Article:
What was it that attracted people to her writing?  Well, it was simple and personal and funny. She had a sense of humor that glorified common experiences so they became poetic and important. Everyday occurrences, well there was no such thing. Every event, or nearly so, was food for fond elaboration.  She loved a funny story, and found them hidden where no one else could see. Her simple theme mesmerized folks living in a complicated world. She was not a country hick, she had been born and raised in a large city. She was earthy and practical, honest and good spirited.

The motto of the Spotted Chicken Society was No Chick Kicking. The intent was to save the world, one spotted chicken at a time. What is a spotted chicken? was the question.  A spotted chicken is any chicken that has been observed, she answered.  Of course it was kindness she was peddling.  She wrote and quoted articles, recipes, quips and poetry that followed that theme. She had Spotted Chicken Conventions for her members at her cabin in the country. She thought up activities to foster ideas on protecting Spotted Chickens. She had chicken paraphernalia up the ying yang, gifts from readers. She had more than one chicken costume.

There’s much much more to say about my writer sister and her fabulous trek through life, now after nearly 10 years without her. She died of lung cancer in 2002.  (She said she thought that was a good year to die.  Even, balanced. The digits kind of looked like a bra, fostering her feminist inclinations.)  I miss her all the time. Her odd viewpoint, her interest in every possible subject, her resourcefulness, her intelligence, her love for her 4 sons and her granddaughters. Her interest in every relative and each and every person she met. But mostly I miss her love.  Her great endless capacity to love.  I don’t have to feel selfish in that yearning, for I know that others are missing her too, still.  The world is just a bit cooler without her wacky, heart warming chicken perspective.  Fill her shoes?  Never. Conjure up her wit? Nope. Impossible.  Love her and miss her? Yes.  That’s it.  Sometimes, and my family all will concur, desperately.

Orchard Memories 1986

These apple polishers and tractor driver (Tasha) searching for her hat gathered one day at the Canyon Park Orchard.  Apple maven Susan on the right was directing operations for her sister in law Barbara and niece Holly in rubbing the bloom off the gorgeous orbs.  The farm held 5 acres of apples, two houses and a large pond in front of which sat the apple stand where customers bought from the selection of 37 varieties of apples from 2000 dwarf trees. The action was quick and constant. Apples were harvested, sorted, polished, boxed, labeled. Earlier in the year there was much ado about pollinating, fertilizing, mowing, thinning, watching the weather. The first row of trees was right outside Susan’s kitchen window and the beautiful apple blossoms filled her whole view........

 The whole apple production process was great for kids and visitors who only got a glimpse of the incredible work it took to take care of 2000 apple trees that produced giant, crisp apples. Selling season was very quick in October. Boxes of apples flew off the hill into the hands of waiting customers.  In the beginning both farmers Susan and Tom worked outside jobs to help support the fledgling business. The work was hard and wearing but they loved it.  They loved seeing the fruits of their labors! The unusual varieties of apples attracted the attention of scientists and media and they had more than one story done on their operation.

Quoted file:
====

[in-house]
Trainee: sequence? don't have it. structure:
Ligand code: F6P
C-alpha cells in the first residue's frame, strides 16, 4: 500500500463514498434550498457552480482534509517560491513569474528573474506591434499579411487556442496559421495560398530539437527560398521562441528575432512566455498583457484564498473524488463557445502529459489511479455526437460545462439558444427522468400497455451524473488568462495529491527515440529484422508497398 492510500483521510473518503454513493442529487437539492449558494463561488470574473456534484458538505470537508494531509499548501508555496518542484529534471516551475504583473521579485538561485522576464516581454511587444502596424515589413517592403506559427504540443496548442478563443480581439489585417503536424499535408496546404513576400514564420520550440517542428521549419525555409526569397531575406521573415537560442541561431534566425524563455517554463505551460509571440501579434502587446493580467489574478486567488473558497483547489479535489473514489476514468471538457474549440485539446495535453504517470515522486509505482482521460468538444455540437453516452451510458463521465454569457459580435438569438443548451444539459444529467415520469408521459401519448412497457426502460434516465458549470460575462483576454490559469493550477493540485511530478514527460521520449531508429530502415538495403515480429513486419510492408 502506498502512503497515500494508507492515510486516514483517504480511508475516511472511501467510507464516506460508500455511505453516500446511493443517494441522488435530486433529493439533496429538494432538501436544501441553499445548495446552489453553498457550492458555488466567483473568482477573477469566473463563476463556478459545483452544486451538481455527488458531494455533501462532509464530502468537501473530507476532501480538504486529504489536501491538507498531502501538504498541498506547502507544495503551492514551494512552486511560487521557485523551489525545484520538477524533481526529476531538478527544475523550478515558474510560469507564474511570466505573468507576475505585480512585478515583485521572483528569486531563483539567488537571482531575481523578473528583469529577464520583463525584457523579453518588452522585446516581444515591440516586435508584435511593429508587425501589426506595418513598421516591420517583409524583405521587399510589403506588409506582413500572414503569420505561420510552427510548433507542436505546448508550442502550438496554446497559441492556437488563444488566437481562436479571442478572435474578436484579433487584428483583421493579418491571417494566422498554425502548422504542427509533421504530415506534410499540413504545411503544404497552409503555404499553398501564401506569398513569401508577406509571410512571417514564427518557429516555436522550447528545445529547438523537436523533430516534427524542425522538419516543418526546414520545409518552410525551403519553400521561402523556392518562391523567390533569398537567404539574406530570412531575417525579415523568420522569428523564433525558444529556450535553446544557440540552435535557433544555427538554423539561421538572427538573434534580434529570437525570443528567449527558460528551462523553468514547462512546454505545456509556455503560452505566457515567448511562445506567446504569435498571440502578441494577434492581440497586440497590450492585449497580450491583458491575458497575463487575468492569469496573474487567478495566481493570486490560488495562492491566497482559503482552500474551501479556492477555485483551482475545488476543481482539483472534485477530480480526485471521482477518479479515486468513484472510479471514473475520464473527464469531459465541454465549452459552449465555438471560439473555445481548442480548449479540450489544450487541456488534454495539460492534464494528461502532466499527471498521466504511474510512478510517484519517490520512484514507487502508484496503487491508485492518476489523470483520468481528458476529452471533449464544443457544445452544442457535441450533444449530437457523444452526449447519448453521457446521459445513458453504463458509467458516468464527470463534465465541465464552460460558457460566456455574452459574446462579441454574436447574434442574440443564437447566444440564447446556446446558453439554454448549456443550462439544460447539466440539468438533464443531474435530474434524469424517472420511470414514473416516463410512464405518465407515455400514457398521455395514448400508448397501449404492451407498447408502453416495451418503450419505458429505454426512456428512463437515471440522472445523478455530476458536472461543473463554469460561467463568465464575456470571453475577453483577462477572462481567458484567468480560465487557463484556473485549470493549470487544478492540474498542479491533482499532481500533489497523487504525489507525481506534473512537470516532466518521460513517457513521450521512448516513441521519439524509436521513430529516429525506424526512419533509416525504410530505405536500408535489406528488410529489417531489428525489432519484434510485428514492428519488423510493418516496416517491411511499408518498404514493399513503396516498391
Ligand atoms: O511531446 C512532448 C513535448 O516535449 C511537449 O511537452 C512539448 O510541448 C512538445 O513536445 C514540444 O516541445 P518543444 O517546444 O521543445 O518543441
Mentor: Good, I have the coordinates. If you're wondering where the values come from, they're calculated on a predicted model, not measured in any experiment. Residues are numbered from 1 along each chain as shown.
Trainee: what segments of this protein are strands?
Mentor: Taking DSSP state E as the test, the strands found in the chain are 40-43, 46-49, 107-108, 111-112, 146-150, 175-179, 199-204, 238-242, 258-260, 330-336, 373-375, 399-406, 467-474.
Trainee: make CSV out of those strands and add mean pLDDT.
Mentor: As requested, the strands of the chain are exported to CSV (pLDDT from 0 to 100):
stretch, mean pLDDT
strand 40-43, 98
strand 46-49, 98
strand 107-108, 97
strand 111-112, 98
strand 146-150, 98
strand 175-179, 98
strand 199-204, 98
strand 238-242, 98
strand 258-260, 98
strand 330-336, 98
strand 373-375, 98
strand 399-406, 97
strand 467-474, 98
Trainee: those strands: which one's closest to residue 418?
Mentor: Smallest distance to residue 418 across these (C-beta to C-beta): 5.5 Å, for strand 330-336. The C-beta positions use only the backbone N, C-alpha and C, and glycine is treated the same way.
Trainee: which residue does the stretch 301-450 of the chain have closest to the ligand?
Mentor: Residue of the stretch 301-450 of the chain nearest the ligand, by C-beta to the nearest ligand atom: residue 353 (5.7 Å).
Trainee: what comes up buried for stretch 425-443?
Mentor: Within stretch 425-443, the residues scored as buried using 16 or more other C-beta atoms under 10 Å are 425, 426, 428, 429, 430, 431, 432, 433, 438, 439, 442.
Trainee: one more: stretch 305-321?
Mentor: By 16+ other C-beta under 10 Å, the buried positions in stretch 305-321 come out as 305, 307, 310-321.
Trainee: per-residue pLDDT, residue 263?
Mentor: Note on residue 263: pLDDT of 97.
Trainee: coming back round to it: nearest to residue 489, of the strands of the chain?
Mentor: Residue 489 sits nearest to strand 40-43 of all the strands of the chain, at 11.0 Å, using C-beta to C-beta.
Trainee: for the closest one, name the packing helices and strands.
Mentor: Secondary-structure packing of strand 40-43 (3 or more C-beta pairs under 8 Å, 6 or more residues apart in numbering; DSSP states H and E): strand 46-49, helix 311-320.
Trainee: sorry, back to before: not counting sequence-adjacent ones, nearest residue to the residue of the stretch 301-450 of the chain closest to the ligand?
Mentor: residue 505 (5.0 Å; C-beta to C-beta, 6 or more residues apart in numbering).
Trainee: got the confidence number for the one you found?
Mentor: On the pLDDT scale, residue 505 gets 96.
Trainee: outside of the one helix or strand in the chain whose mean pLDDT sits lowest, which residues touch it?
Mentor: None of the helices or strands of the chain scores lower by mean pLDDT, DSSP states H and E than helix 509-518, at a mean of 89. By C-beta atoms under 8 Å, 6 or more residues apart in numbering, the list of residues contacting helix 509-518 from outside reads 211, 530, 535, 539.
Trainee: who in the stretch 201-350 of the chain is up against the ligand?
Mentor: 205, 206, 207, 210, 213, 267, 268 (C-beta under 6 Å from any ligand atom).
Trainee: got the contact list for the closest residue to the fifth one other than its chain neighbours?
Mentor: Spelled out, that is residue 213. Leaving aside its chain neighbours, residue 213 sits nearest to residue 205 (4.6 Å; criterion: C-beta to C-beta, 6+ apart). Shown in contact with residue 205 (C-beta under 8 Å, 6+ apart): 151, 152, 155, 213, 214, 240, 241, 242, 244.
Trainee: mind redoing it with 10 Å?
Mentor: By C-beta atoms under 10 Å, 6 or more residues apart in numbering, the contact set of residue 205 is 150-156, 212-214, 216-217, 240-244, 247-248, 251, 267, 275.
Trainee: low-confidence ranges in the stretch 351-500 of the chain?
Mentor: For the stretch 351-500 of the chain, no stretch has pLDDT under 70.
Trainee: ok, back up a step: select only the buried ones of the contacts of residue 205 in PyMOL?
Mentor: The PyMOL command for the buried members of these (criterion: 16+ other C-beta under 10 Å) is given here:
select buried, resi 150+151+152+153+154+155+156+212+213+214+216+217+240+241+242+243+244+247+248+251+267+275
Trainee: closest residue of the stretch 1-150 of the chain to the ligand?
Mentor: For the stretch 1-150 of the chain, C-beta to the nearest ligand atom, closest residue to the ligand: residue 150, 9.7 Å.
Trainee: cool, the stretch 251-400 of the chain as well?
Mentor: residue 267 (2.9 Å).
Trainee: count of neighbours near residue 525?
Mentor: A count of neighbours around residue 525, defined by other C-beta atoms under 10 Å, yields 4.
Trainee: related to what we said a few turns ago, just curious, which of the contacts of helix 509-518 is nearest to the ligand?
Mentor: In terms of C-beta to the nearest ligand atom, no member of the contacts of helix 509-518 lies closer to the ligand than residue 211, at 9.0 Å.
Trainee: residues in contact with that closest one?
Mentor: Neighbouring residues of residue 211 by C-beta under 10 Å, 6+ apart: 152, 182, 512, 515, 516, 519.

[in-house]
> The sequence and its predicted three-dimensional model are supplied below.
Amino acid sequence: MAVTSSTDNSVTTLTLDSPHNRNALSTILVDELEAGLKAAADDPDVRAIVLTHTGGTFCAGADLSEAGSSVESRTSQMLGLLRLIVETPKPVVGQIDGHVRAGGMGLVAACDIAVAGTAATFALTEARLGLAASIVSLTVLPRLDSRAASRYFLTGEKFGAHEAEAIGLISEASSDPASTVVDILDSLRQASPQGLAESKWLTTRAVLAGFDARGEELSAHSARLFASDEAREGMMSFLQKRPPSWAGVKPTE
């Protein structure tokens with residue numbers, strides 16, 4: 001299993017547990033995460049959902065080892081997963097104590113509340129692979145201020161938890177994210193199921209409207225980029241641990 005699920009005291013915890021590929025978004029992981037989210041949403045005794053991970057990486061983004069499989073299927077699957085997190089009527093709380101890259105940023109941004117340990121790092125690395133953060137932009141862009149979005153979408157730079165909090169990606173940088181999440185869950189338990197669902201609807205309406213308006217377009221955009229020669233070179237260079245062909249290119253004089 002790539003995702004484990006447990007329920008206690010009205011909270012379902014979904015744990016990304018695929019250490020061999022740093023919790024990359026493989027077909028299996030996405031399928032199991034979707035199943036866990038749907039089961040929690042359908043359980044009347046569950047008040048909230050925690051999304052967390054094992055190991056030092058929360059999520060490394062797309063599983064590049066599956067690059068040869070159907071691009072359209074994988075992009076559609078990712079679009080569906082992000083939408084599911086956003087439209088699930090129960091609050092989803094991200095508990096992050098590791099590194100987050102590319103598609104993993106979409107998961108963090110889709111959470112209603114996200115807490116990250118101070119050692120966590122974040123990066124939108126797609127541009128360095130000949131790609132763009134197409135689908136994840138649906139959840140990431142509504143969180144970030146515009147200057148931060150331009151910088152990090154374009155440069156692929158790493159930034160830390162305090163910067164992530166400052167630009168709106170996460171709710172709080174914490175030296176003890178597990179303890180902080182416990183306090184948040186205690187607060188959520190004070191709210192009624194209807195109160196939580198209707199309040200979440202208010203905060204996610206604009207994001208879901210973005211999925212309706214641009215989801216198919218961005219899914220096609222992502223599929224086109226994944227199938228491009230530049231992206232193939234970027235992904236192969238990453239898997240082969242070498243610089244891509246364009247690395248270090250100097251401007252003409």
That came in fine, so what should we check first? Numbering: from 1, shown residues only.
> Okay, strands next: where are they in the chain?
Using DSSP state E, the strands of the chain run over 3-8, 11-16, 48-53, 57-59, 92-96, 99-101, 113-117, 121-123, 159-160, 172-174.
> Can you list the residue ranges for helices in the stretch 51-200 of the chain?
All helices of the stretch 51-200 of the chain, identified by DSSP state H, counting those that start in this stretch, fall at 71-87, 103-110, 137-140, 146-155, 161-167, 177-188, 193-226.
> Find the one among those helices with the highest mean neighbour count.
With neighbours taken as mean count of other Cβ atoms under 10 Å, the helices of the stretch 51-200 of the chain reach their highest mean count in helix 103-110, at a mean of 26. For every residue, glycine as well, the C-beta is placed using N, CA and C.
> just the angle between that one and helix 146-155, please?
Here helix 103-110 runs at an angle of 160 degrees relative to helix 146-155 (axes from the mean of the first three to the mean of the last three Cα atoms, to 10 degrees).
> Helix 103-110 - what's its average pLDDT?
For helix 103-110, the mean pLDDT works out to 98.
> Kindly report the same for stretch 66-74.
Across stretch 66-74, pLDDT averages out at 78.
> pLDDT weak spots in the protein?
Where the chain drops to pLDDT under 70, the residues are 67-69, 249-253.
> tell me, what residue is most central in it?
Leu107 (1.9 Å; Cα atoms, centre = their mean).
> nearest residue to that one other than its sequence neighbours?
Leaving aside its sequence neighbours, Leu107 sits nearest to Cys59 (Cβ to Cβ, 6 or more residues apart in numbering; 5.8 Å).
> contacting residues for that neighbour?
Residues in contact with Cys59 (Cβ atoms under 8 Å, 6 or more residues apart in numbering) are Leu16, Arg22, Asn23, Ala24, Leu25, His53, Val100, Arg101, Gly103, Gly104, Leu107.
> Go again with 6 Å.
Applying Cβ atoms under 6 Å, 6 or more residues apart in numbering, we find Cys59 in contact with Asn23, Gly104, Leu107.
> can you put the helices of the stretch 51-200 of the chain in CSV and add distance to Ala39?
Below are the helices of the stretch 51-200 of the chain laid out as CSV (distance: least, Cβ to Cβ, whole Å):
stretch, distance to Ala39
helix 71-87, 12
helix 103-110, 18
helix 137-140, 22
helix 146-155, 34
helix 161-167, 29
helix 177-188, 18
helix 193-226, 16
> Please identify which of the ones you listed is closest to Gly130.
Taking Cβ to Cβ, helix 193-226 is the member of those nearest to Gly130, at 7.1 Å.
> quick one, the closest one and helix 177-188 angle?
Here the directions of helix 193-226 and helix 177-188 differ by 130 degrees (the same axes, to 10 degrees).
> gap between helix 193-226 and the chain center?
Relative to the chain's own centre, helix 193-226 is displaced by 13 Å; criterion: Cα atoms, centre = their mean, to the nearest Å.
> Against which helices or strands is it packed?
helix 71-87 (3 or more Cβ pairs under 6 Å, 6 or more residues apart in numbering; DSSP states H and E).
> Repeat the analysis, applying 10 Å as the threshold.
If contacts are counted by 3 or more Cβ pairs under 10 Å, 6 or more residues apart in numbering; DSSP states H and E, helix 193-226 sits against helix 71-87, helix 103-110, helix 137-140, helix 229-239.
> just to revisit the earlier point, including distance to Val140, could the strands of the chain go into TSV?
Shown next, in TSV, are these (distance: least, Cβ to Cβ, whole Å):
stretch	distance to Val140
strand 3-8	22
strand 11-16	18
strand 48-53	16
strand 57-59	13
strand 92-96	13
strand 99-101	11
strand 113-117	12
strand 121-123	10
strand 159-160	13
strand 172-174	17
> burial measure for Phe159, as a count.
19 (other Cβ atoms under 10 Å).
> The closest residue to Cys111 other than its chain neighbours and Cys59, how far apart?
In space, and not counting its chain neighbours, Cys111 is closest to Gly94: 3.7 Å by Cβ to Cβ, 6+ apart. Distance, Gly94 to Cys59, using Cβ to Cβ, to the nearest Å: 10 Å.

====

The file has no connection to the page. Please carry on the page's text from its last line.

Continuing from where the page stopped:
Making apple cider was an October celebration. The honey from the bee hives was delicious. Tractor rides for the kids was a regular feature, and 25 years later, new grandsons get the privilege. The orchard is gone, pulled down by the problem of apple maggots, and the trees rotted in piles and are now only a memory, and part of the earth.  A pretty pasture and vegetable garden anchor the hillside.  Two weddings were conducted there. Little kids still run through the property which farmer Tom has rigged with places for pushing toy dump trucks through dirt pathways, a fort in a wagon with a pulley and basket, a swing on a stage that has held musicians and diners.  The farmer couple like to sit on their wide front porch, in a house constructed so many years ago by their nephews, and watch the vines creep up one tree and across to the others, making a quiet, secluded place for contemplating life and its surprises.

A Quick Primer on the Basics of Our Rights

The American Constitution:  the 1st Amendment from the Bill of Rights: Congress shall make no law respecting an establishment of religion, or prohibiting the free exercise thereof; or abridging the freedom of speech, or of the press, or of the right of the people peaceably to assemble, and to petition the government for a redress of grievances.

Thomas Jefferson said: Believing with you that religion is a matter which lies solely between man and his god, [the people, in the 1st Amendment,] declared that their legislature should make no law respecting an establishment of religion, or prohibiting the free exercise thereof, thus building a wall of separation between church and state.  

He also said: ... no man shall be compelled to frequent or support any religious worship, place, or ministry whatsoever, nor shall be enforced, restrained, molested, or burthened in his body or goods, nor shall otherwise suffer, on account of his religious opinions or belief; but that all men shall be free to profess, and by argument to maintain, their opinions in matters of religion, and that the same shall in no wise diminish, enlarge, or affect their civil capacities.

The original Constitution,  Article 6, at the end of the third clause: ....but no religious Test shall ever be required as a Qualification to any Office or public Trust under the United States.

When the Constitution was written, the individual states were writing their constitutions too, and included references to freedom of religion.  The men had lots of different takes on the subject.  The Declaration  of the Independence for the country says: We hold these truths to be self-evident, that all men are created equal, that they are endowed by their Creator with certain unalienable rights, that among these are life, liberty, and the pursuit of happiness. That to secure these rights, governments are instituted among men, deriving their just powers from the consent of the governed.